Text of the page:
Session Lead: Melanie Kappes
Summary:In 2017 two Category V Hurricanes hit the Caribbean and devastated several islands including Dominica, Antigua and Barbuda, and Sint Maarten. While risk-informed development strategies are key to reduce the risk and impact of future disasters, risks cannot be fully eliminated and with the expected increase of frequency and intensity of natural disasters the challenge is even growing. Since high intensity events with serious impacts are almost certain to occur, the way that governments, communities and households respond to the disasters and recover from them has critical implications on the welfare of the societies. Careful ex-ante preparation, contingency plans, risk financing, and the clear definition of roles and responsibilities can help ensure that post-disaster recovery is not only stronger, but also faster and fairer.
In this session latest thoughts and concepts around strengthening emergency preparedness and especially the recovery process in the aftermath of a disaster will be presented, followed by a discussion around key challenges, opportunities, lessons learnt and best practices in the Caribbean.
Ming Zhang is Practice Manager for Urban Development and Disaster Risk Management in the Latin America and Caribbean Region of the World Bank. His responsibilities include the oversight of the delivery and monitoring of the entire lending and analytical programs in these two sectors in the region. Before Latin America, from December 2010 to 2016, he was Sector Manager for Urban and Water in South Asia. Ming has 20 years’ experience with the World Bank, covering urban development, infrastructure, local government and decentralization. He has worked on South Asia, Latin America, where he was Lead Urban Specialist, and East Asia, where he was Infrastructure Sector Coordinator for the Philippines based in Manila. His publications include Growth and Competitiveness of Brazilian Cities, and Meeting Infrastructure Challenges in the Philippines. Ming received his Master’s Degree in Economics and PhD in City and Regional Planning, both from the University of California, Berkeley. He is fluent in Chinese, English, Portuguese and Spanish.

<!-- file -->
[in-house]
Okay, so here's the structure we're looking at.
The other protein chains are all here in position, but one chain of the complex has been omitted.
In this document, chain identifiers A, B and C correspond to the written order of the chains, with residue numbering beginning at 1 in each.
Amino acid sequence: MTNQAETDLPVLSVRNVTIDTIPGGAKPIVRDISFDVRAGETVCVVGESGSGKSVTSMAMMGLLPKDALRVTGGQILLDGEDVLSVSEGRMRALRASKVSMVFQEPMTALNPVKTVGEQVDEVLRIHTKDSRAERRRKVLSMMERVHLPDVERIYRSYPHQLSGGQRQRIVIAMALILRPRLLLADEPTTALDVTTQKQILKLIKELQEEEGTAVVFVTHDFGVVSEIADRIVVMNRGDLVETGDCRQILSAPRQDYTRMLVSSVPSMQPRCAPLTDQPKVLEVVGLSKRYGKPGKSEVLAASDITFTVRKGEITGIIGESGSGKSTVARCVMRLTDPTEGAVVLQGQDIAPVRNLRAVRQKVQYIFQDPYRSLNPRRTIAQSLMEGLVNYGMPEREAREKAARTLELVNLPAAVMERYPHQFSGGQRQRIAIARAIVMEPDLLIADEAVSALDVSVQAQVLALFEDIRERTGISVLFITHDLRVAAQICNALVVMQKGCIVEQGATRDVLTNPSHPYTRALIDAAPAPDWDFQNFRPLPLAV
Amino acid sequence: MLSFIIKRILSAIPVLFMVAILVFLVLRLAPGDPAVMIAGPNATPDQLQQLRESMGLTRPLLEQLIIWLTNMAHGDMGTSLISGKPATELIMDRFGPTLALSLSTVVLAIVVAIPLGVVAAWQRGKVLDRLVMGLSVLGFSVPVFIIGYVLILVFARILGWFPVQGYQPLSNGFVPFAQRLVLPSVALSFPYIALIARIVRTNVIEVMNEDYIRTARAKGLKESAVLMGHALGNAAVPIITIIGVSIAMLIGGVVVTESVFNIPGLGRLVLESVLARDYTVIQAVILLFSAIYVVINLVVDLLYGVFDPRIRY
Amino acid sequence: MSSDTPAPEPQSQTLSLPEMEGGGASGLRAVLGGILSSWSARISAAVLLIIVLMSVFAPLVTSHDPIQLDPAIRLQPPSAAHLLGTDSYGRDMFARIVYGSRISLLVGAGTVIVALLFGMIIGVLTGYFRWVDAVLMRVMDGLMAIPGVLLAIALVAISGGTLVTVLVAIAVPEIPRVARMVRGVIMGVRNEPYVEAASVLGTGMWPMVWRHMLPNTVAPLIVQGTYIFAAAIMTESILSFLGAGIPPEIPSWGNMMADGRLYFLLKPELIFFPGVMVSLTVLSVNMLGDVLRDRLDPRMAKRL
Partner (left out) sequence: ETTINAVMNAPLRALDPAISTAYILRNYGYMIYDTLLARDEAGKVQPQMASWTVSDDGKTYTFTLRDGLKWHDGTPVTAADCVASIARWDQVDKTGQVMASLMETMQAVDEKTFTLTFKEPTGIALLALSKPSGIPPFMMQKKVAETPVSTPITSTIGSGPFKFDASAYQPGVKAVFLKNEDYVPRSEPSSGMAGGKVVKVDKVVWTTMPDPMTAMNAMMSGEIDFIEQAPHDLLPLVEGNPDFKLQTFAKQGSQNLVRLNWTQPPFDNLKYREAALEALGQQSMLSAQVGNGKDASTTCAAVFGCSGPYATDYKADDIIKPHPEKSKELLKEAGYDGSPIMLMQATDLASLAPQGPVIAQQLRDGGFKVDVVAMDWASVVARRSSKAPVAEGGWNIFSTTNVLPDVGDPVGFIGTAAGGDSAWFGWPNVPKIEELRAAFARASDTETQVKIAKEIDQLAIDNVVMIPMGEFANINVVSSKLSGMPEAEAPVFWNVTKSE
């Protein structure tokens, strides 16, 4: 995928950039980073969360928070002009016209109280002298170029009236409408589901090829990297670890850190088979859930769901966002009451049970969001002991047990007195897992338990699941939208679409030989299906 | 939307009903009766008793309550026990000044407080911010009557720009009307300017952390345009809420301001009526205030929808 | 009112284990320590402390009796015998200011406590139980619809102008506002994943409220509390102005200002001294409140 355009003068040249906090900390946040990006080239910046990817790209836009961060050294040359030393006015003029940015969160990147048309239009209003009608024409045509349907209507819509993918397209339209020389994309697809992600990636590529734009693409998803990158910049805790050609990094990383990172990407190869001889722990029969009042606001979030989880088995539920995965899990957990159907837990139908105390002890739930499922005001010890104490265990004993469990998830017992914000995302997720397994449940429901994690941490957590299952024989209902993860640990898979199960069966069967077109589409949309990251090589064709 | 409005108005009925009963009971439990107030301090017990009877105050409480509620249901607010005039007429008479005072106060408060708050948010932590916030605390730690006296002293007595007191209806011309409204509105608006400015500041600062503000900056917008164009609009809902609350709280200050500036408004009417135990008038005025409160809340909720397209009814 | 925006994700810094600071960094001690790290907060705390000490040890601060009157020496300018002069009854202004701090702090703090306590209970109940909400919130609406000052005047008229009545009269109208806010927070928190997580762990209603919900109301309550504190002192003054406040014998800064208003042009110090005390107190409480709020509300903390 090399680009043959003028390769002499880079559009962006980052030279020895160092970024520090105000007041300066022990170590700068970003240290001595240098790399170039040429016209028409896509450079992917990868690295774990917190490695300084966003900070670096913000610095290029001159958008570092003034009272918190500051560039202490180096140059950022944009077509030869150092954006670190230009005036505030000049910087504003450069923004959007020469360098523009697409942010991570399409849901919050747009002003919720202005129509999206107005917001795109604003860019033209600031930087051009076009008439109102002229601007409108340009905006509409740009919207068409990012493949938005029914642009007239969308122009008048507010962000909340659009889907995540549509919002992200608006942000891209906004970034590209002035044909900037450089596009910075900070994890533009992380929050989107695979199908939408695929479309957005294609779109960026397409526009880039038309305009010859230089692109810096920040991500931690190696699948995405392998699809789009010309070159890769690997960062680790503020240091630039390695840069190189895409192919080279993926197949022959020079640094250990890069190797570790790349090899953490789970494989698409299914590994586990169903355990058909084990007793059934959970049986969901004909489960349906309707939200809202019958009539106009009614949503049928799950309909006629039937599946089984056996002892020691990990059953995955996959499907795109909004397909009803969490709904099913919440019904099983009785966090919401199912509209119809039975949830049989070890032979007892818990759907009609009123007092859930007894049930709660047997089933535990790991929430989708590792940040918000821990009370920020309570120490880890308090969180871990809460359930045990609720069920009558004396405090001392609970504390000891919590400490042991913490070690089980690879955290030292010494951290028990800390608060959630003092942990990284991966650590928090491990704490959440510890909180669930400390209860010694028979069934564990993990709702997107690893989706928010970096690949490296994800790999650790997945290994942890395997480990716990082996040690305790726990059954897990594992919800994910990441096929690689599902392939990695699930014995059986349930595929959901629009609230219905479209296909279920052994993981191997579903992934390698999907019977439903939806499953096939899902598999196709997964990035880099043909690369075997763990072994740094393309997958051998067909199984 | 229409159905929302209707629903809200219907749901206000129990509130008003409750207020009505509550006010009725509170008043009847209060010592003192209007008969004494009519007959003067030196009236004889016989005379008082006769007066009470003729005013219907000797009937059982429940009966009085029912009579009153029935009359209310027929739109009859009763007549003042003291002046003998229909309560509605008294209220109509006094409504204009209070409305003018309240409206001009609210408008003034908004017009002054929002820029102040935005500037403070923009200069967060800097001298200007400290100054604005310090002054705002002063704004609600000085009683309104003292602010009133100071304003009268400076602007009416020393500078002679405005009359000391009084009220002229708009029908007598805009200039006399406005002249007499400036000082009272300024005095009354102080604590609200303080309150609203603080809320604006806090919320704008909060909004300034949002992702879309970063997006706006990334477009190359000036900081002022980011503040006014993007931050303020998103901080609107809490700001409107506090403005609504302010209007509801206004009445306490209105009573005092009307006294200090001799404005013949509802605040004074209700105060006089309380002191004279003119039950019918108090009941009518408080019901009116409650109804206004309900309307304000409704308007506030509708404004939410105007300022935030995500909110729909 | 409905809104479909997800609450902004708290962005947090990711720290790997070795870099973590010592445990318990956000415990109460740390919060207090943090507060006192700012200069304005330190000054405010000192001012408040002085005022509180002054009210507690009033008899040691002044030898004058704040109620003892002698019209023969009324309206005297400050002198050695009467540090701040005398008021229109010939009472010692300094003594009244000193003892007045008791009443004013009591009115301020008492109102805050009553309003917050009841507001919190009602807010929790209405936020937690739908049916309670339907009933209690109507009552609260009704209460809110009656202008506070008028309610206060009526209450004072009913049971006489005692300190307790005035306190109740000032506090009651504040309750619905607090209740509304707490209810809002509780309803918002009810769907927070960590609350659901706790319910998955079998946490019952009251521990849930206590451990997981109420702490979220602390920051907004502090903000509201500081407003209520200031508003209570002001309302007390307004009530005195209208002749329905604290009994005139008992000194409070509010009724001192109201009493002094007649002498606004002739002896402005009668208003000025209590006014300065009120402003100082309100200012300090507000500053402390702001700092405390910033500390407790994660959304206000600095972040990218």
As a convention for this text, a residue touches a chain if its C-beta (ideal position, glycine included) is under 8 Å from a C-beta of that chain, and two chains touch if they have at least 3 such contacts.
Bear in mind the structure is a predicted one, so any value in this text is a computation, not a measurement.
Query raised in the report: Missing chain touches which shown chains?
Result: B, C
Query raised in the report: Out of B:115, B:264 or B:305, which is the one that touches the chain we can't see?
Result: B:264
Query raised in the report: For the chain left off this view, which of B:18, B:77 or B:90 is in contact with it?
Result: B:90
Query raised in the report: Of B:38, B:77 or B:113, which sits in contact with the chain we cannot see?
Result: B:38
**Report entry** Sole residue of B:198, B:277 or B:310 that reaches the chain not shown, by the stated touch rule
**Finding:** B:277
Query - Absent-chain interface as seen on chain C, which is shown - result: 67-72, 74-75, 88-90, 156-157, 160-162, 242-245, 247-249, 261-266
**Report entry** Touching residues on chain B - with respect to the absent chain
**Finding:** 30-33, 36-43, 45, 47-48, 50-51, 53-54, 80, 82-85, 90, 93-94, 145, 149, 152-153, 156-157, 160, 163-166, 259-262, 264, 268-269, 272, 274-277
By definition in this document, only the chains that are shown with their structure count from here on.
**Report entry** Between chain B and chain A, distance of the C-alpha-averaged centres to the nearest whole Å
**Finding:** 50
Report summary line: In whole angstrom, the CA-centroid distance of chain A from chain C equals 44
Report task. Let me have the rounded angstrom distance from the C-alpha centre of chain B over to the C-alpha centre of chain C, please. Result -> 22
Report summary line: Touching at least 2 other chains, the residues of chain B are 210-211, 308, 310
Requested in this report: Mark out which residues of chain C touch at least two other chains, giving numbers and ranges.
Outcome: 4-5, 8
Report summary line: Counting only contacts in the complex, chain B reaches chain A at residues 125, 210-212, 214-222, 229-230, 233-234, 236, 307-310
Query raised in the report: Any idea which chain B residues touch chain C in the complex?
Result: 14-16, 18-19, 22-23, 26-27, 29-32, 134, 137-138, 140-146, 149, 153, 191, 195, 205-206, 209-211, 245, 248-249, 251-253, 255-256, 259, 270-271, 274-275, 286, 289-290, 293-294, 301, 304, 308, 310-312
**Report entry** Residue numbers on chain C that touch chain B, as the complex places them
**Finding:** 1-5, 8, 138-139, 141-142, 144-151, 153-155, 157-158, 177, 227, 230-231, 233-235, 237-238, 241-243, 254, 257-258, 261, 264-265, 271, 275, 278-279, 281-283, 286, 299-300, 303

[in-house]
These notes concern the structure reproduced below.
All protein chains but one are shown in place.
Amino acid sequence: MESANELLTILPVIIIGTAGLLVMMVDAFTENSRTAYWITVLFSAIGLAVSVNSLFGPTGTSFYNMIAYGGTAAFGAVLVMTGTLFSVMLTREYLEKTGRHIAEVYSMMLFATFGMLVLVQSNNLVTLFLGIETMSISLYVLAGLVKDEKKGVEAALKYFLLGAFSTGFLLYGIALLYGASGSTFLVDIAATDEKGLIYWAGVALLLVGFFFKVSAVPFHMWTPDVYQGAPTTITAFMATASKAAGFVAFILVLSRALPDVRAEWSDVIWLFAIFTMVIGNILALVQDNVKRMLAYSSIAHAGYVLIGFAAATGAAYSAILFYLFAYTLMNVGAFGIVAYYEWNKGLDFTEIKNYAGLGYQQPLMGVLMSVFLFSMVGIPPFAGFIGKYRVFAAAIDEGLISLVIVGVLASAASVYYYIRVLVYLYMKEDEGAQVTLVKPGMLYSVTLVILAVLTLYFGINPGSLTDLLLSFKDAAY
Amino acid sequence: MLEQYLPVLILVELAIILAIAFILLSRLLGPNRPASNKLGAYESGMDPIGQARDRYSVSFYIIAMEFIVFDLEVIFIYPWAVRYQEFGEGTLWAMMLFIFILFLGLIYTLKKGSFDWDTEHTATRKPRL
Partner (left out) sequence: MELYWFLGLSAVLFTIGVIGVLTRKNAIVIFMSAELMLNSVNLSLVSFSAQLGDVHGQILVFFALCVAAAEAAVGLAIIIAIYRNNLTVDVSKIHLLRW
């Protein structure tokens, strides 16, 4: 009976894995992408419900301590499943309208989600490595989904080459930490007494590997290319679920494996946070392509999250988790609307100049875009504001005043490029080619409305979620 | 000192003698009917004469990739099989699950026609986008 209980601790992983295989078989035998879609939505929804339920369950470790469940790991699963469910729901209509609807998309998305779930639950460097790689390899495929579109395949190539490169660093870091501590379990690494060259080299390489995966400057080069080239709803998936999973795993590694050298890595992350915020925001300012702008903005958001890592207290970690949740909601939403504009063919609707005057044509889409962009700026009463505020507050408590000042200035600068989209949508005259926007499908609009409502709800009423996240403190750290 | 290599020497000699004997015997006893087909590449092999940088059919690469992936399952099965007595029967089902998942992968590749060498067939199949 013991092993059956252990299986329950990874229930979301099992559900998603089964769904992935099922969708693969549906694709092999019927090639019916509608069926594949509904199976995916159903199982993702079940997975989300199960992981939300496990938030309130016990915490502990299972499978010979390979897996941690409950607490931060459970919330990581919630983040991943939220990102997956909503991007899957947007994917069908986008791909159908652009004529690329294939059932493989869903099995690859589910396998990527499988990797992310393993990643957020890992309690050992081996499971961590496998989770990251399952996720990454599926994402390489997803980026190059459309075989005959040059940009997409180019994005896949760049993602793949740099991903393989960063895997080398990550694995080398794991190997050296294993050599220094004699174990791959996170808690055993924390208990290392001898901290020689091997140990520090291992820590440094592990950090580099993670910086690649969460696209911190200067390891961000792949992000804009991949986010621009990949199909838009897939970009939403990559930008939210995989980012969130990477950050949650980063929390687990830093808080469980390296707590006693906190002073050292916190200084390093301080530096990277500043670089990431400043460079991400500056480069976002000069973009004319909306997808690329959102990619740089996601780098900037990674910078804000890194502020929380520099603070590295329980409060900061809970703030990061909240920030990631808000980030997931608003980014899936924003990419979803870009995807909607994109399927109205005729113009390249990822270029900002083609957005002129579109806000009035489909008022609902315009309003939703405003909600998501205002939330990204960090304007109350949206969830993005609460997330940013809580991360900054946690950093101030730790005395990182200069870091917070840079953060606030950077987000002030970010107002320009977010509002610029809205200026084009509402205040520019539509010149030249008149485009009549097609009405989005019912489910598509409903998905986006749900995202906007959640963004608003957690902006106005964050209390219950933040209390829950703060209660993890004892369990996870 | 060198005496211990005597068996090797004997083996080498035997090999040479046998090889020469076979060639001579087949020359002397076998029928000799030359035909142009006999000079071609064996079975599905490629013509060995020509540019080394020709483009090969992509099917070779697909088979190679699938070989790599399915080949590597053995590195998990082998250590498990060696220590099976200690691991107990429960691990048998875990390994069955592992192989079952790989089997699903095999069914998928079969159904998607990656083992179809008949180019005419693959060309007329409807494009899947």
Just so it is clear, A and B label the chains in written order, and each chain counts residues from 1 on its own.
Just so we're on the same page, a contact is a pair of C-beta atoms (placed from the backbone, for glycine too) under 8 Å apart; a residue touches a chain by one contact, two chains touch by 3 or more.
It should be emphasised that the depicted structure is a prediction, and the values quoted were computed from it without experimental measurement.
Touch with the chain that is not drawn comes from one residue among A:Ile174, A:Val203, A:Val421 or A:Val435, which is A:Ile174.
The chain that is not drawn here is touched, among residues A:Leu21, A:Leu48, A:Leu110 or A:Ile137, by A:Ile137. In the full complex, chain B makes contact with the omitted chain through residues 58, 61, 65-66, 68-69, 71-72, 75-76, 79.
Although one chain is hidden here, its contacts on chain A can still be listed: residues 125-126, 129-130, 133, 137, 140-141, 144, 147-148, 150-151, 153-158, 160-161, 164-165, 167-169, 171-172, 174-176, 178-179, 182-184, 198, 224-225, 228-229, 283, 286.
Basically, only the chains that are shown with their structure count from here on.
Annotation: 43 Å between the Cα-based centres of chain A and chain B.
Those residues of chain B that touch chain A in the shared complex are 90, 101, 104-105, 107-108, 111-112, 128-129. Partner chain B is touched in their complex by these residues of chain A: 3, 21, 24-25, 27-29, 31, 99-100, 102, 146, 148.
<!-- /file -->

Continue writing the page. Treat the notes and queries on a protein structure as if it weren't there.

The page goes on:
Stéphane Hallegatte is the lead economist with the Global Facility for Disaster Reduction and Recovery (GFDRR) at the World Bank. Mr. Hallegatte is a lead author of the IPCC, author of dozens of articles and several books. He led several World Bank reports including Shock Waves in 2015, and Unbreakable in 2016. He was team leader for the 2015 World Bank Group Climate Change Action Plan, a planning exercise to determine how to support countries in their implementation of the Paris Agreement. In 2018, he received the Burtoni Award for his work on the link between climate change adaptation and poverty reduction.
Melanie Kappes is a disaster risk management specialist at the World Bank Group. In this role, she has supported Bank teams and governments in better informing disaster risk reduction and climate change adaptation investment decisions, design of activities and implementation with risk information. Since 2016 she has been leading several projects to strengthen national hydrometeorological services and early warning systems across the Latin America and Caribbean region. Prior to her current role, Melanie lived in Nicaragua, supporting municipal governments in using spatial data for territorial planning with the German Development Service (DED). She is a Geoecologist by training with a PhD in Geography on the analysis of multi-hazard risk from the University of Vienna, Austria.
Jun Rentschler is an Economist (YP) at the Global Facility for Disaster Reduction and Recovery (GFDRR, World Bank), working at the intersection of climate change and sustainable resilient development. Prior to first joining The World Bank in 2012, he served as an Economic Adviser at the German Foreign Ministry, where he focused on economic and energy policy. He also spent two years as a Consultant at the European Bank for Reconstruction and Development (EBRD) working on private sector investment projects in resource efficiency and climate change. Before that he worked on projects with the Grameen Microfinance Bank in Bangladesh and the Partners for Financial Stability Program by USAID in Poland. He is a Visiting Fellow at the Payne Institute for Public Policy in Colorado, following previous affiliations with the Oxford Institute for Energy Studies and the Graduate Institute for Policy Studies in Tokyo. Jun holds a PhD in Economics from University College London (UCL), specializing in development, climate, and energy.